Chatting With Mayoral Candidate Bill Daley

Daley
2019 Chicago mayoral hopeful Bill Daley

William “Bill” Michael Daley is a lawyer and former banker who served as White House Chief of Staff to President Barack Obama from January 2011 to January 2012. He also served as Secretary of Commerce to President Bill Clinton from 1997 to 2000.

Daley sat on the Executive Committee of JP Morgan Chase & Co. and was a candidate for Governor of Illinois in 2014, but eventually withdrew from the race. He is currently a Chicago mayoral candidate in next month’s election. Daley is the son of former Chicago Mayor Richard J. Daley, and the brother of former Chicago Mayor Richard M. Daley.

N’DIGO recently sat down with Daley to learn more about him and his quest to become Mayor of Chicago.

Daley

N’DIGO: You have had a stellar career as a financier and behind the scenes political player, so why are you running for mayor at this time?
Bill Daley
: I love the city of Chicago. I’ve lived here my whole life and I want to see Chicago grow. I think I can lead the city to growth and help solve the big issues we face.

What do you view as Chicago’s most pressing problems?
Crime, taxes, and schools are enormous challenges. We can’t grow until we find a way to start solving them.

Daley

What would you change in Chicago to make it a better city?
Our crime rate is unacceptable and it must change. My goal is to reduce shootings by 75 percent. That is an ambitious goal, but it will put us on par with New York or L.A. We can do it. We must do it.

What would you do as mayor to ensure inclusion and fairness in city government spending?
First, I will appoint city leaders from diverse backgrounds. I also support programs to ensure inclusion in city contracting, and I will look for opportunities to strengthen programs for equitable procurement and employment.

Daley

What can Chicago expect from a third Daley mayoral regime?
My career has not been in politics. My father and my brother worked in politics, but I chose a different path. My administration will be focused on making our streets safe, building affordable neighborhoods, and on growing our city back to three million people.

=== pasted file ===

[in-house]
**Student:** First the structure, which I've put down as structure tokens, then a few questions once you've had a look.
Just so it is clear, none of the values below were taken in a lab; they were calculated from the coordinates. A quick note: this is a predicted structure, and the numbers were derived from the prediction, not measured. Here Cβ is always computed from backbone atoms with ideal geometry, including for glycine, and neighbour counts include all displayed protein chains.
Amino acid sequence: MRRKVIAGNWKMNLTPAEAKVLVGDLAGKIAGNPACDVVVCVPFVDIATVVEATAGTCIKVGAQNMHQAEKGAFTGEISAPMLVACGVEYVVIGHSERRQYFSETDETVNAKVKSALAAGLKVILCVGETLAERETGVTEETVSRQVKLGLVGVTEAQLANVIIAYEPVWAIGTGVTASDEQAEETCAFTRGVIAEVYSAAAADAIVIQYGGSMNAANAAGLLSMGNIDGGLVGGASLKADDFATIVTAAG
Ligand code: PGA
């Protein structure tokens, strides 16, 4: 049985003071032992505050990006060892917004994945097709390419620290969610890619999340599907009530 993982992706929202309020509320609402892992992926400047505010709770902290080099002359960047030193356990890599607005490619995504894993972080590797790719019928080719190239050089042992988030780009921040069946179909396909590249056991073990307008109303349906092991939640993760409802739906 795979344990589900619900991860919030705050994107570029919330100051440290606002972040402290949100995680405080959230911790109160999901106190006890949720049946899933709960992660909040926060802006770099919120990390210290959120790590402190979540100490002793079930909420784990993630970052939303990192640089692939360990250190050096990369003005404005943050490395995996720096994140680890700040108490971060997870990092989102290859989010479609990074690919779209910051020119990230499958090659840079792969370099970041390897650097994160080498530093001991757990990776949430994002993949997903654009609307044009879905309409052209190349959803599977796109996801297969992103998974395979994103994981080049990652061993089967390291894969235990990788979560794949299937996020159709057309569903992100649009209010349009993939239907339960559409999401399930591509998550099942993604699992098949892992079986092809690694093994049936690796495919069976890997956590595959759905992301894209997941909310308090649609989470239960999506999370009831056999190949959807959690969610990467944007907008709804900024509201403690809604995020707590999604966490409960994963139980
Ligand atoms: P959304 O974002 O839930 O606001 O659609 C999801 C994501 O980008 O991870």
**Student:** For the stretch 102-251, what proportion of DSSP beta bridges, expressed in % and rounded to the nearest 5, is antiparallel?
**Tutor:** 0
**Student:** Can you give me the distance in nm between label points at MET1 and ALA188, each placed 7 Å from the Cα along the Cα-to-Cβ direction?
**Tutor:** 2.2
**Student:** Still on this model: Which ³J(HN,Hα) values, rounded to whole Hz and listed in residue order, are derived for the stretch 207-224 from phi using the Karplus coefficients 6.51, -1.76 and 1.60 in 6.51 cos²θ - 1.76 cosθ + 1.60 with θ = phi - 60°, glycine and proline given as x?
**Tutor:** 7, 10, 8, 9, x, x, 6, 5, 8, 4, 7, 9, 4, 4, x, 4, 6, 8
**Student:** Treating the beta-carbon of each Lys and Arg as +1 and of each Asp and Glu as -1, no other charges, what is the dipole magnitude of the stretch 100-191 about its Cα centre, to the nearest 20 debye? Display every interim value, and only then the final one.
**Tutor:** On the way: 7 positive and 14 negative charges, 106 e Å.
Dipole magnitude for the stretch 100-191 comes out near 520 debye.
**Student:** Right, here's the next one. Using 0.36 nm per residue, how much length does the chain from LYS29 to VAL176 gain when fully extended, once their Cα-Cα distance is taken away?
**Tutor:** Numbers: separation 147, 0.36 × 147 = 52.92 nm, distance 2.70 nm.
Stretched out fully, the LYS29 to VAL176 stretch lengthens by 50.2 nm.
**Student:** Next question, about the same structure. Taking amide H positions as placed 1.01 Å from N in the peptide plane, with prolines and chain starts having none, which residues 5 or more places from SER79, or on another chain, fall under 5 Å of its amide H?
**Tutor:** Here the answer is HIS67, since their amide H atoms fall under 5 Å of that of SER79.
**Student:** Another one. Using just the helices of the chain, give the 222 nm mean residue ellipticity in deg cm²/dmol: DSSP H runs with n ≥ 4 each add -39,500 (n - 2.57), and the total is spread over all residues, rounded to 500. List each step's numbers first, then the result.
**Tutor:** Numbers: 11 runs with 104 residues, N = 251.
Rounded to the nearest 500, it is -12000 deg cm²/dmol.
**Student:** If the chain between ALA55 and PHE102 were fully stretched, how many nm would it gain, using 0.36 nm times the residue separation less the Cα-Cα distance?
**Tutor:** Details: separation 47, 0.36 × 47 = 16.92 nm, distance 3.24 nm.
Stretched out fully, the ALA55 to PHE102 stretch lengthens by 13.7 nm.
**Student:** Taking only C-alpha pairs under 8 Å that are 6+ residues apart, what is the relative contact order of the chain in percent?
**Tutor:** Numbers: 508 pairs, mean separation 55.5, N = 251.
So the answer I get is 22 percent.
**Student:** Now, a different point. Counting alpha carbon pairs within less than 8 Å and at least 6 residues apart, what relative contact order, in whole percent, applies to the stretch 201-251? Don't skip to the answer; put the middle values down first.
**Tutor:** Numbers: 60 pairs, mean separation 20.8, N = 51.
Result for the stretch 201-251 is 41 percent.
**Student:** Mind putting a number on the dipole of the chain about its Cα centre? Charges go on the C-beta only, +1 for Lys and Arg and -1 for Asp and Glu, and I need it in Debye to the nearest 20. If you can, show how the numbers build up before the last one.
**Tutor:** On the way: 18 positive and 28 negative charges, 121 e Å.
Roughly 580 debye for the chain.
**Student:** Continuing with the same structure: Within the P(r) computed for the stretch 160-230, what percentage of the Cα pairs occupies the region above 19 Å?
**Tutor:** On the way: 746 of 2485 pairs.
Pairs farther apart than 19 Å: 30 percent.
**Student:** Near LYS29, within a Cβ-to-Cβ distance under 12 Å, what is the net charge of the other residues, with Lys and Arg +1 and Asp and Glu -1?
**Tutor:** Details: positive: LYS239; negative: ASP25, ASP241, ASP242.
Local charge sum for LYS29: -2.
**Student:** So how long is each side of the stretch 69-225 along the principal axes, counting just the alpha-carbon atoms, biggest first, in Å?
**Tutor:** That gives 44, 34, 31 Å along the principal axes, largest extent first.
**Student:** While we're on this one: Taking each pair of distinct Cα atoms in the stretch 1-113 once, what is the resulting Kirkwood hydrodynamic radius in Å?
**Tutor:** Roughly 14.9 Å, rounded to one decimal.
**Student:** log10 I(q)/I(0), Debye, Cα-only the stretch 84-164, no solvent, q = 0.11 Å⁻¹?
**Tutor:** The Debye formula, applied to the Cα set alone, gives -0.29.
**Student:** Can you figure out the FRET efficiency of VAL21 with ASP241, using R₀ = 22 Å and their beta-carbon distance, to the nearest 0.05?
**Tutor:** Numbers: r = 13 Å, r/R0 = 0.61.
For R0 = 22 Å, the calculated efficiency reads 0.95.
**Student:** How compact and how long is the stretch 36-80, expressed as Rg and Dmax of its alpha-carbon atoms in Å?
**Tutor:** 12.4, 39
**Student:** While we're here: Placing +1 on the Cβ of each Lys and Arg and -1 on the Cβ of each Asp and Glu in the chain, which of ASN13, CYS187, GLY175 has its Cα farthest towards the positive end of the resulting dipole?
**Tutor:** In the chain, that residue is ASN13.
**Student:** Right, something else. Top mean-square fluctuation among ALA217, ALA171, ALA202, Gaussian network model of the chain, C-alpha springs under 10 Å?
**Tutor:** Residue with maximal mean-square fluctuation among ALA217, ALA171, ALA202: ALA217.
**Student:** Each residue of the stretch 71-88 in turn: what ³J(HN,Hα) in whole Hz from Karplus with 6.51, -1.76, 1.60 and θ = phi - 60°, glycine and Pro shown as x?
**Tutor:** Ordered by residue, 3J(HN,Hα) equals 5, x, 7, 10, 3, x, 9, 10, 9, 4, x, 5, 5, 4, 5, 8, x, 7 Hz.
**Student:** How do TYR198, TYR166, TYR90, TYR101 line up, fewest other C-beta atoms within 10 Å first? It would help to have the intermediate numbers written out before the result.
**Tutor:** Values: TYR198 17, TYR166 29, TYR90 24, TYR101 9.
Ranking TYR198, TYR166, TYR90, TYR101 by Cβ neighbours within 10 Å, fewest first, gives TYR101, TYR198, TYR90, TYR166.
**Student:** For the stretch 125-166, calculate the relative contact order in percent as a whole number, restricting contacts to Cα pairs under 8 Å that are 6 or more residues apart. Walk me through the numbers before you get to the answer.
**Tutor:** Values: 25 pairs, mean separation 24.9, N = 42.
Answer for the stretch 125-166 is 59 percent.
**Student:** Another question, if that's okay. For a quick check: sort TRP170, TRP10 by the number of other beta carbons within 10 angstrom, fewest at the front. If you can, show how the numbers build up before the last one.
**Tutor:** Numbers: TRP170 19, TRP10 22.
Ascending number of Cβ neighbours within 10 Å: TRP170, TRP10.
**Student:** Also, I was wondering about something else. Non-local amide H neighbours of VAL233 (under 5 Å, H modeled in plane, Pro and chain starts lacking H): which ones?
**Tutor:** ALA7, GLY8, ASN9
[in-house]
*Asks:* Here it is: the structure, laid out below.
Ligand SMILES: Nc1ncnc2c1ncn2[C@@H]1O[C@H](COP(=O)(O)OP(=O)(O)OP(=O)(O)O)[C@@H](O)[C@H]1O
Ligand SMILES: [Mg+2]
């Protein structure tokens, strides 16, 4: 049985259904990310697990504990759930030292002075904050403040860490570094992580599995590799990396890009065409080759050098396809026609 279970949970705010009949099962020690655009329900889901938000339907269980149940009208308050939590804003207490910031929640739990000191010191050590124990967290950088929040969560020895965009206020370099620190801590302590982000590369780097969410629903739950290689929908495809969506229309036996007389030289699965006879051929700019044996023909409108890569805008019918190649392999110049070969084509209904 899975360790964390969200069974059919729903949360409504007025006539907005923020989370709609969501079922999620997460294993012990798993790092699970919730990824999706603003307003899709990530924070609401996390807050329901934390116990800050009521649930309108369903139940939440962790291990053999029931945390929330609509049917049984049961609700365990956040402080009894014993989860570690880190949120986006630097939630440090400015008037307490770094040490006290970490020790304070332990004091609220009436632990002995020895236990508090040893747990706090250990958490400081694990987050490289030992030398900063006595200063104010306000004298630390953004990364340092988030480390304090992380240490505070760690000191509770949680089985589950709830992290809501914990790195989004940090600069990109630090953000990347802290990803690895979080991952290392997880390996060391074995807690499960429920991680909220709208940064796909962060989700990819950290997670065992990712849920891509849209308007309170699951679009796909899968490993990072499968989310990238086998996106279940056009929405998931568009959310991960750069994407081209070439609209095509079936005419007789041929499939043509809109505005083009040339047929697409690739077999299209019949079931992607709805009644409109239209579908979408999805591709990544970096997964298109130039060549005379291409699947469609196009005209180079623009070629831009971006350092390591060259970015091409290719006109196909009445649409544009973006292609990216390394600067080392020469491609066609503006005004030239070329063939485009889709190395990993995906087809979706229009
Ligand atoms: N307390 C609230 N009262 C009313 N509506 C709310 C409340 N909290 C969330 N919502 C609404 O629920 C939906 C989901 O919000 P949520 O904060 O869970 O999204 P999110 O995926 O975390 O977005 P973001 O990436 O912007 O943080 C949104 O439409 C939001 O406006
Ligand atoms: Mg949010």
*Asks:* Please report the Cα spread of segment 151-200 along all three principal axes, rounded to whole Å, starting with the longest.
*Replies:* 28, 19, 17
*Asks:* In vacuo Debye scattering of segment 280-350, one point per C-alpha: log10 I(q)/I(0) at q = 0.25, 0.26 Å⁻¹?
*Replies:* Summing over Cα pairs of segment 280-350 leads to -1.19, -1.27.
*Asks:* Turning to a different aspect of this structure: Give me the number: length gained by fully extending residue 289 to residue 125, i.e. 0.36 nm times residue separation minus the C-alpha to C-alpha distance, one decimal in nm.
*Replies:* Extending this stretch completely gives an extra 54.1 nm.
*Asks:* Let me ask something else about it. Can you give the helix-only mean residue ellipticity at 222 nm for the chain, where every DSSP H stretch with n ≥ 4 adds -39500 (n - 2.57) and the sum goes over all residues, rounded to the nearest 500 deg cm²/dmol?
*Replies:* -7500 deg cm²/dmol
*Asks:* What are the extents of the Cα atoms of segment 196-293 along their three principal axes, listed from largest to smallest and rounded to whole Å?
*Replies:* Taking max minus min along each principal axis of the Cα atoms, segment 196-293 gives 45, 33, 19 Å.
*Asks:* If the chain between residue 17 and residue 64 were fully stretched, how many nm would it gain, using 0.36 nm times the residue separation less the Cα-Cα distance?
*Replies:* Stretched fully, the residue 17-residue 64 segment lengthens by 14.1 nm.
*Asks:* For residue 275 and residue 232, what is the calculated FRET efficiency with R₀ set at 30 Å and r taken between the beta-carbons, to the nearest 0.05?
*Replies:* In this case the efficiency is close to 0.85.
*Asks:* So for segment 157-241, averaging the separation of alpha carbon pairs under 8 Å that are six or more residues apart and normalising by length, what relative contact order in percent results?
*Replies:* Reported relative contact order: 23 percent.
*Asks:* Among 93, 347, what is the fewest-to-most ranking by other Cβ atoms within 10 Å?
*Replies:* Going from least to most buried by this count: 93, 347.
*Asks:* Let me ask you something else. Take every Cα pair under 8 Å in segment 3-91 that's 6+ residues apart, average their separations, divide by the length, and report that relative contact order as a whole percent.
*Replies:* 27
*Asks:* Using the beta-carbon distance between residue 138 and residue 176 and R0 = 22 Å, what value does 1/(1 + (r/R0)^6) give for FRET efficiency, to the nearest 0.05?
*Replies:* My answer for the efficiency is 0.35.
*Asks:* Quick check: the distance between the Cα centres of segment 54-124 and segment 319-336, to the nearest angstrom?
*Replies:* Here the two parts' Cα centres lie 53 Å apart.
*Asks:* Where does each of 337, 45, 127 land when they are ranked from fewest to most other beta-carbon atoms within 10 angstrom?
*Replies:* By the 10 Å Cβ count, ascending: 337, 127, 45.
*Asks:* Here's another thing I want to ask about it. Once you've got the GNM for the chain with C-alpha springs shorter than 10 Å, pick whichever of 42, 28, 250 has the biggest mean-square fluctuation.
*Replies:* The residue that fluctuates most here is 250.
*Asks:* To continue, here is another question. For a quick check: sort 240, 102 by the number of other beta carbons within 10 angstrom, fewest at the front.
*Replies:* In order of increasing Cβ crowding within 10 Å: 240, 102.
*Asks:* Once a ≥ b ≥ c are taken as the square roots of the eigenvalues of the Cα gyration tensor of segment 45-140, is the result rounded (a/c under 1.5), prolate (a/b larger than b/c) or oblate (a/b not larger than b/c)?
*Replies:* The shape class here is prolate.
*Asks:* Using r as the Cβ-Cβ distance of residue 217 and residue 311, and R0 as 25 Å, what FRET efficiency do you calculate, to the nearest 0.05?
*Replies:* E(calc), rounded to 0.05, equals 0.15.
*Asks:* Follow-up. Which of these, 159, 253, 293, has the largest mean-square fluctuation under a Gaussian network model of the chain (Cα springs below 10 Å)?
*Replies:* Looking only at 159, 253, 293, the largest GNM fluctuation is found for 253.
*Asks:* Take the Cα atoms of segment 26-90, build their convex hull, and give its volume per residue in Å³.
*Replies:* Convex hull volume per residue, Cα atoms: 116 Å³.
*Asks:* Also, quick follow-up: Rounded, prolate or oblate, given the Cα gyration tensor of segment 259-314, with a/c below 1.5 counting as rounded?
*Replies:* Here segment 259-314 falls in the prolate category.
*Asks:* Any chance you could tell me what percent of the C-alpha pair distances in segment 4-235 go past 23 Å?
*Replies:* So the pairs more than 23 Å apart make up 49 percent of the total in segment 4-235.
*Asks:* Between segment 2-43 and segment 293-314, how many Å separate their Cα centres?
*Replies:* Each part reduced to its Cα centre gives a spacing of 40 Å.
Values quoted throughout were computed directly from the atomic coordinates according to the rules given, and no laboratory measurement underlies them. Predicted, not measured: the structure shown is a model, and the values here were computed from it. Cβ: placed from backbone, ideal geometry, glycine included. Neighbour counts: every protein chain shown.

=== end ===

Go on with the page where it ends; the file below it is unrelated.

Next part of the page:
You grew up in a political household. What did you learn from your father?
I learned that being mayor is an incredibly tough job where you need to make tough decisions, but I also learned it’s a job where you have enormous opportunity to make a difference in peoples’ lives.

Daley

You have had multiple careers. What has been your best job and why?
My best jobs were Chief of Staff for President Obama, where I was part of a transformative administration; Secretary of Commerce under Clinton, where I was part of creating 11 million jobs; and head of Corporate Social Responsibility at JP Morgan, where I was able to invest and support Chicago communities.

What did you like best during your White House years?
I got to know President Obama and I came to further respect him not just as a leader, but as a genuine human being.

You recently proposed a name change for the Dan Ryan to the Barack Obama Expressway. Why?
It was one of my greatest honors to serve under President Obama as Chief of Staff. His administration symbolized hope. It represented the best of what we could be if we worked together. As candidate for mayor, I am fortunate to have a platform where I can give voice to ideas that lead to action.

I’ve shared a complex crime plan, and a vision to help Chicago overcome its fiscal challenges by growing the city to three million people. One of my easier-to-understand ideas is renaming the Dan Ryan after President Barack Obama. Why? Because even the simplest of ideas can make a difference. I love this city and we deserve to honor the people shaped by it. Especially when that person is a symbol of unity.

Daley

Who do you most admire?
John McCain, Barack Obama, and Jamie Dimon.

Where is your favorite place in Chicago?
The lakefront.

What’s your favorite movie?
Talladega Nights.
Daley

Hermene Hartman

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